It's no exaggeration to say that Royal Blood could have sold out this venue for a whole week, such is the demand to see the Brighton duo right now.
Royal Blood, live in Newcastle
The band of 2014 kick off their UK tour in style.
The band's current UK and Ireland tour sold out in two minutes flat: all tickets for a significantly larger ten date trek planned for February/March disappeared even faster. Royal Blood, the album, has shifted 154,318 copies since its release on August 25. Right now, there's no hotter rock band in the country.
Understandably then, there's barely room to breathe in the Riverside tonight, for the band's first UK show since the festival season ended. And when British rock's most unassuming new superstars amble onto the backlit stage the squeals and shrieks of delight are surely equivalent to those prefacing any One Direction show. Perhaps in a bid to underplay expectations, Mike Kerr and Ben Thatcher opt to begin their 55 minute set not with one of the big hitters on their debut album, but rather with Hole, track number four on their debut EP, Out of the Black. It doesn't matter: the Riverside explodes with paroxysms of delight regardless.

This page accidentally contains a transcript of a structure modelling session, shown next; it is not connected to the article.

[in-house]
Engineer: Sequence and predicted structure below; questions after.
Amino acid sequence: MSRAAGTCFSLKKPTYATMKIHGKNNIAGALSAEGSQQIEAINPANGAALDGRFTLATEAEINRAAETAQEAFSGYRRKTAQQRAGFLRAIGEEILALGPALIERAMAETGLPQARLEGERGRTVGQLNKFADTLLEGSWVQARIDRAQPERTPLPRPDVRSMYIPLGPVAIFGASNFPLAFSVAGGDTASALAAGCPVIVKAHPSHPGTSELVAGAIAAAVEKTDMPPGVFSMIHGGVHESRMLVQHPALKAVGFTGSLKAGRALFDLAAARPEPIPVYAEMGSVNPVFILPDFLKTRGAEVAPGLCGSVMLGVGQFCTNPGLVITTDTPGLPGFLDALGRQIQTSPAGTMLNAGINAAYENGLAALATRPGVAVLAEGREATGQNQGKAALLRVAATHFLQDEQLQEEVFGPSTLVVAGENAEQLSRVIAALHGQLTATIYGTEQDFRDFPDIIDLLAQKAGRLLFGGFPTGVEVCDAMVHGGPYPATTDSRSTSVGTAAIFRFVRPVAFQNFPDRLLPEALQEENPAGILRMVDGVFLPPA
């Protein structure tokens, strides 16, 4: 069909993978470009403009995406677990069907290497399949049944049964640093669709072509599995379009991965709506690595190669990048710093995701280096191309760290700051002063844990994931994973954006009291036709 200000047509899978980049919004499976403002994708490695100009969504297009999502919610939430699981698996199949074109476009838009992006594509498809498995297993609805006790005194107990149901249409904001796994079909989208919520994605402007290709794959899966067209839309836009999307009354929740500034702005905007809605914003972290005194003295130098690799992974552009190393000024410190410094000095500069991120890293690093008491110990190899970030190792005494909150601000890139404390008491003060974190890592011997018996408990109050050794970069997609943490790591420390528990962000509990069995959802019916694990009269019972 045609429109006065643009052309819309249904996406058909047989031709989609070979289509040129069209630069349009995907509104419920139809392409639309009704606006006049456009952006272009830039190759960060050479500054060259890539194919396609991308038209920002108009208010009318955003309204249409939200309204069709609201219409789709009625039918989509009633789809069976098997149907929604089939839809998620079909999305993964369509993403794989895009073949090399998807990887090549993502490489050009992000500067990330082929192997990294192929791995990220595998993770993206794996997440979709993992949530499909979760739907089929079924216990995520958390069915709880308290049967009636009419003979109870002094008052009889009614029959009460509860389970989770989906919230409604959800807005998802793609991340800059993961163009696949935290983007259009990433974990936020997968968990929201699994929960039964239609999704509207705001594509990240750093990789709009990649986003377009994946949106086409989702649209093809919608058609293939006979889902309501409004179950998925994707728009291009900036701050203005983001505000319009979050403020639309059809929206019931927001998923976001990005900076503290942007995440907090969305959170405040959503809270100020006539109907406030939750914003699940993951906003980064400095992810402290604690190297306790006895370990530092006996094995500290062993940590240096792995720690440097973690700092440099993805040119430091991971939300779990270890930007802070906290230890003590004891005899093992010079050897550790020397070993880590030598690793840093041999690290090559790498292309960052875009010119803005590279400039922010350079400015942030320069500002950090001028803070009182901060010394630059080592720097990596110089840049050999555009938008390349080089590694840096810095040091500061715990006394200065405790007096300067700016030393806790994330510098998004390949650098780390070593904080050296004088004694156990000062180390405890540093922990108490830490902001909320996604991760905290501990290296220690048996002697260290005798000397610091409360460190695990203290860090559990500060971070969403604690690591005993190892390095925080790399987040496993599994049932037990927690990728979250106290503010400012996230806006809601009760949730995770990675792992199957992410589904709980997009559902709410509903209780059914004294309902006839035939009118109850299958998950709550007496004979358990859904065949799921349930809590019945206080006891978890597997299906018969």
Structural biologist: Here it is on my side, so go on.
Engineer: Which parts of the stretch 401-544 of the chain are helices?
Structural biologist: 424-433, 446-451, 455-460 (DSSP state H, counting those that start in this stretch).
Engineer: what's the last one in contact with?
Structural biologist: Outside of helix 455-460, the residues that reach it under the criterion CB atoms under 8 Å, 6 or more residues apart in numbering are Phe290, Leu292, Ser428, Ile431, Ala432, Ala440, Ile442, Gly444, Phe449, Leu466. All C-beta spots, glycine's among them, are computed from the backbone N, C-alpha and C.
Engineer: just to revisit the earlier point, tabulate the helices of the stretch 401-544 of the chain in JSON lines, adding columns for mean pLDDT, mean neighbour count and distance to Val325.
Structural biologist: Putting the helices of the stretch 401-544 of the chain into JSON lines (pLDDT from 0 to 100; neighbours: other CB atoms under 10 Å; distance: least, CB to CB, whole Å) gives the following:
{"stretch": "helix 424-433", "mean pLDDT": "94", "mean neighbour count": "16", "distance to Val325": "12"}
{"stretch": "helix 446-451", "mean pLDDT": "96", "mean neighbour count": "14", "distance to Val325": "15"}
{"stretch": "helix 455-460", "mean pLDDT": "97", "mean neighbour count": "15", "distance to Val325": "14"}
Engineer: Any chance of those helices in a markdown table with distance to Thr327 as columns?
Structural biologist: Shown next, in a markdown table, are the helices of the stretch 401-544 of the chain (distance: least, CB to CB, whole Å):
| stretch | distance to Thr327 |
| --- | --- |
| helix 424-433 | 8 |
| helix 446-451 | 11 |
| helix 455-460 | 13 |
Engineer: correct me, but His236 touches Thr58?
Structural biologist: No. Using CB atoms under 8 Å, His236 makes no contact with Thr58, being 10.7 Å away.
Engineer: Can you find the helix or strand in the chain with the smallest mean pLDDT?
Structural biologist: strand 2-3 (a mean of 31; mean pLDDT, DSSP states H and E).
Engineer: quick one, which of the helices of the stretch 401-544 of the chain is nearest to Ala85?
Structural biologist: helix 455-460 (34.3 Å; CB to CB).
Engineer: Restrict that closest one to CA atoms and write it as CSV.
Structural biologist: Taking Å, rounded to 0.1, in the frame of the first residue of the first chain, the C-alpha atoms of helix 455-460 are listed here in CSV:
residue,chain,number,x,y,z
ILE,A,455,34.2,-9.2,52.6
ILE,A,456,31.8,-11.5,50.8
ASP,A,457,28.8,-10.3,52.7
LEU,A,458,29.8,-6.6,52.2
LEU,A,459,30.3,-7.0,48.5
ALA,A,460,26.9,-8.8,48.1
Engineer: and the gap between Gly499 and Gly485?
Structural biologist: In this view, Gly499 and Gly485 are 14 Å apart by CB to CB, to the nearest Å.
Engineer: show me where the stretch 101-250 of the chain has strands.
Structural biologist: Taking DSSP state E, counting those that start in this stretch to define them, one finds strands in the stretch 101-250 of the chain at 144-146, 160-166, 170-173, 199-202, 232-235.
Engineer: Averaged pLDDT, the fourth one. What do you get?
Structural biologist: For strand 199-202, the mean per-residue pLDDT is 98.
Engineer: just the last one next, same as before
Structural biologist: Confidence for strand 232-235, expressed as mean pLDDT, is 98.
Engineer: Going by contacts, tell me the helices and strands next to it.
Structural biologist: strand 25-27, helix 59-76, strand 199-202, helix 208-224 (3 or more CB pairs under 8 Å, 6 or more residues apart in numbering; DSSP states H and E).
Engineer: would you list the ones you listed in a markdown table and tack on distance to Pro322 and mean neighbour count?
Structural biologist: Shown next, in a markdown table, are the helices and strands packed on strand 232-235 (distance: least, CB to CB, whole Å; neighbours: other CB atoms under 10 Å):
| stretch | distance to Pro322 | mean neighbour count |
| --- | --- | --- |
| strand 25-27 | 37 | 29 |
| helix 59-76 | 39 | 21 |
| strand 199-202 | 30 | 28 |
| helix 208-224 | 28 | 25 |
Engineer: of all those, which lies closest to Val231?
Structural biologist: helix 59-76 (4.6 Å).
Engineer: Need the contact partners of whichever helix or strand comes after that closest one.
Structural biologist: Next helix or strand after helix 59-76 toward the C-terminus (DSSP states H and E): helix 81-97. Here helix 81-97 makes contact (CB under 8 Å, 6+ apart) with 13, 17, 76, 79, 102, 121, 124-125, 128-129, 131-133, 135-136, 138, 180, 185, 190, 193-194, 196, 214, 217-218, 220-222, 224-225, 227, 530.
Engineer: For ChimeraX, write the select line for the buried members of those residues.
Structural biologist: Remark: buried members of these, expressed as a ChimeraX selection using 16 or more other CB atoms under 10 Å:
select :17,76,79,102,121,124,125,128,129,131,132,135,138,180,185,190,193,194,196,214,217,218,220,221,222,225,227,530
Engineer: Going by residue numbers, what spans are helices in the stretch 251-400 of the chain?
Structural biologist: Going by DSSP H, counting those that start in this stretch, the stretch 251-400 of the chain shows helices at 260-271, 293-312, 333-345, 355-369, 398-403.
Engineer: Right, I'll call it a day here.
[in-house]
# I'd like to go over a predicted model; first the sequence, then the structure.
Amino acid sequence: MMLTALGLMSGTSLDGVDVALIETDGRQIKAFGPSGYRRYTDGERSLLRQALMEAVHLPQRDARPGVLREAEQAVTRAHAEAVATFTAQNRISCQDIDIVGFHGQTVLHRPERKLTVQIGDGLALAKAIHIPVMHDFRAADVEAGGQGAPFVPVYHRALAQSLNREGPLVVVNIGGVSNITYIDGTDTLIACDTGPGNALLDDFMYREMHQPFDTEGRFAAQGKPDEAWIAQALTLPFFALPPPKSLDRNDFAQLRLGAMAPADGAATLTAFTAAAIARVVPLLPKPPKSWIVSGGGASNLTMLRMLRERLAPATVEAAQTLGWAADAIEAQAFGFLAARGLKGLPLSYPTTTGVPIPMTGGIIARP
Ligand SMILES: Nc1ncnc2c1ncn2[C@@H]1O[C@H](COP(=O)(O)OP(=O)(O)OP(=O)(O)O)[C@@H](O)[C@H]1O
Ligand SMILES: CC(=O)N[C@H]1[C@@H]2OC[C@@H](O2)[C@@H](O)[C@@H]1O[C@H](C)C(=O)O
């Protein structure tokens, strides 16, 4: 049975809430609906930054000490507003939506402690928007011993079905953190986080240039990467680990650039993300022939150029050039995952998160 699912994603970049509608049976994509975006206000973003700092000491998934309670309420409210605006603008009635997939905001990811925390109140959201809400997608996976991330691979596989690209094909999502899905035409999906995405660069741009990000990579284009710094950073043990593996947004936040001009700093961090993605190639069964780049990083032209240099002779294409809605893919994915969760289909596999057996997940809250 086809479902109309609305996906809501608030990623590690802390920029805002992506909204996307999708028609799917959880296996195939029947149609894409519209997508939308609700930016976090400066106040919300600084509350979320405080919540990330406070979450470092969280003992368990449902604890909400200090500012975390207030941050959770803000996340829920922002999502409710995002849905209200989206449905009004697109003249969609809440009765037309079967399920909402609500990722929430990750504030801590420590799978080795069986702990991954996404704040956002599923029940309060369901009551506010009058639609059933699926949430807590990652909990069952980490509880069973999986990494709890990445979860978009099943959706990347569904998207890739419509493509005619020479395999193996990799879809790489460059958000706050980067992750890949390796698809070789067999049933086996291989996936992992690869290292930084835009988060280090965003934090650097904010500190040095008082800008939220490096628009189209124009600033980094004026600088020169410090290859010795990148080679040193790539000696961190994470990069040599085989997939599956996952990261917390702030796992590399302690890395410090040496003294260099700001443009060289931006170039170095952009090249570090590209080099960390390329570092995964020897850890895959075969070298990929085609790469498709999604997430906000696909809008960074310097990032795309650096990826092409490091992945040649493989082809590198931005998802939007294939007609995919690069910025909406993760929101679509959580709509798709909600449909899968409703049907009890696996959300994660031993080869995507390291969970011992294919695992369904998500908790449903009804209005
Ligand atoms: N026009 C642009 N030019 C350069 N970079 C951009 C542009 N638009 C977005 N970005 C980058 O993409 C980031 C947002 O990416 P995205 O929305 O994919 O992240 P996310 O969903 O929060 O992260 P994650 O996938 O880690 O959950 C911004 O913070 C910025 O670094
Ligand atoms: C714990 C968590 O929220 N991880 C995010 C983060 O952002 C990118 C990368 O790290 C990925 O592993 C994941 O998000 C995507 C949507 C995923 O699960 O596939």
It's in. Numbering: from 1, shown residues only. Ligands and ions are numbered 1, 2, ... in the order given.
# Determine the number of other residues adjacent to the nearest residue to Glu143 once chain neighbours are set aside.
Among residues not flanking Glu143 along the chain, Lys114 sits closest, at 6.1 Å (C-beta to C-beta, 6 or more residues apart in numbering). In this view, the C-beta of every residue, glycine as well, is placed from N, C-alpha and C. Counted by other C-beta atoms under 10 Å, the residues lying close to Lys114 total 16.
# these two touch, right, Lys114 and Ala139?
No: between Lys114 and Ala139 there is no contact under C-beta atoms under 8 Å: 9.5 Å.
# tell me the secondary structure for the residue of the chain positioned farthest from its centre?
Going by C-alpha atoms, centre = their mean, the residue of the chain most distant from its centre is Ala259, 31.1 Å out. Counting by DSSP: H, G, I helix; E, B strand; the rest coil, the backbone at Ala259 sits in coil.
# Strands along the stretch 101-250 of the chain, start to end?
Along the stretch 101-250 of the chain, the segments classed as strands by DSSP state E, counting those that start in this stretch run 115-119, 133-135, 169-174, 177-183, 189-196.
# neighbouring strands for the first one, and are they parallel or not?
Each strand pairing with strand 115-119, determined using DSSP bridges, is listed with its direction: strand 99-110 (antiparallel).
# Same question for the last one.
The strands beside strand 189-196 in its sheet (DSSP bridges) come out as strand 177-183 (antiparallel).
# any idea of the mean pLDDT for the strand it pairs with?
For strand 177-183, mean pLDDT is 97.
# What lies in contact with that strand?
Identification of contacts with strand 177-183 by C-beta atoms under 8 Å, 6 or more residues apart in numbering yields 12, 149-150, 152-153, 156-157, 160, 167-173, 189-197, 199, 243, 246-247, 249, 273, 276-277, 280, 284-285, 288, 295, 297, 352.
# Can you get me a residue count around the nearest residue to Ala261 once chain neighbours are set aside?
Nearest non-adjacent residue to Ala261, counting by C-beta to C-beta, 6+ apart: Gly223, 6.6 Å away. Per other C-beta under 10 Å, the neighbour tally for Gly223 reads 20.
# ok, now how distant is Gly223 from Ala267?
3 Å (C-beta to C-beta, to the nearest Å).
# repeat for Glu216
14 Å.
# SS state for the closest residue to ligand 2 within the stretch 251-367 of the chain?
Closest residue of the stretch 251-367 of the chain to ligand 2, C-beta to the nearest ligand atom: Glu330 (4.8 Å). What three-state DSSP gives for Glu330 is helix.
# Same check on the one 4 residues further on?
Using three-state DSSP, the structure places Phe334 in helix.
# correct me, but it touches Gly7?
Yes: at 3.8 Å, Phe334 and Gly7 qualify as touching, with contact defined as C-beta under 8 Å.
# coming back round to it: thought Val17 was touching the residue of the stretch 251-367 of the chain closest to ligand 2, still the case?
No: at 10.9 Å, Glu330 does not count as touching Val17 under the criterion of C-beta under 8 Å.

When was the last time you heard a whole crowd sing along to a riff? That's what happens over and over tonight, a testament to Royal Blood's capability to imbue each song in their armoury with hooks that could drag whales from the Arctic Ocean. This gift alone would surely be enough to mark the band out as special, but when married to a near telepathic understanding of dynamics, pacing and feel, the appeal is obvious. We've been here before of course, and there are echoes of similarly masterful artists in Royal Blood's DNA: Zeppelin, Rage Against The Machine, Muse and Queens of the Stone Age in particular. Josh Homme once defined QOTSA's mission statement as a desire to make rock music “heavy enough for the boys, and sweet enough for the girls”, a blueprint Royal Blood have obviously taken to heart, for Mike Kerr's vocals rarely carry the same aggression and bite delivered in their streamlined rhythmic womp, and this duality makes for one hell of a fine live show.
There's precious little fat on the bones here, little that's extraneous or fanciful. As with Muse before them, one is tempted to look behind the amps for hidden band members such is the force of nature impact delivered by the likes of Come On Over, Figure It Out and Ten Tonne Skeleton: two piece bands have no right to sound this huge. But there's grace, beauty and no little swing too in the Blood's ferocious sonic assault. Loose Change is slinky and sensual, while You Can Be So Cruel and Better Strangers ride out on butter-smooth grooves that owe as much to Jimi Hendrix as Jack White. But nothing threatens to eclipse Little Monster as tune/toon of the night, 600 Geordies screaming their hearts out when that beast of a chorus rears into view. The night closes with Out Of The Black, all outlaw swagger and hammering martial beats, Kerr and Thatcher locked in like a machine, and then they're gone – no encore, no platitudes and no danger of outstaying their welcome. Rest assured, Royal Blood will never be in rooms this small again, so nights like this will take on a special significance in years to come. But right now, this juggernaut isn't slowing down for anyone.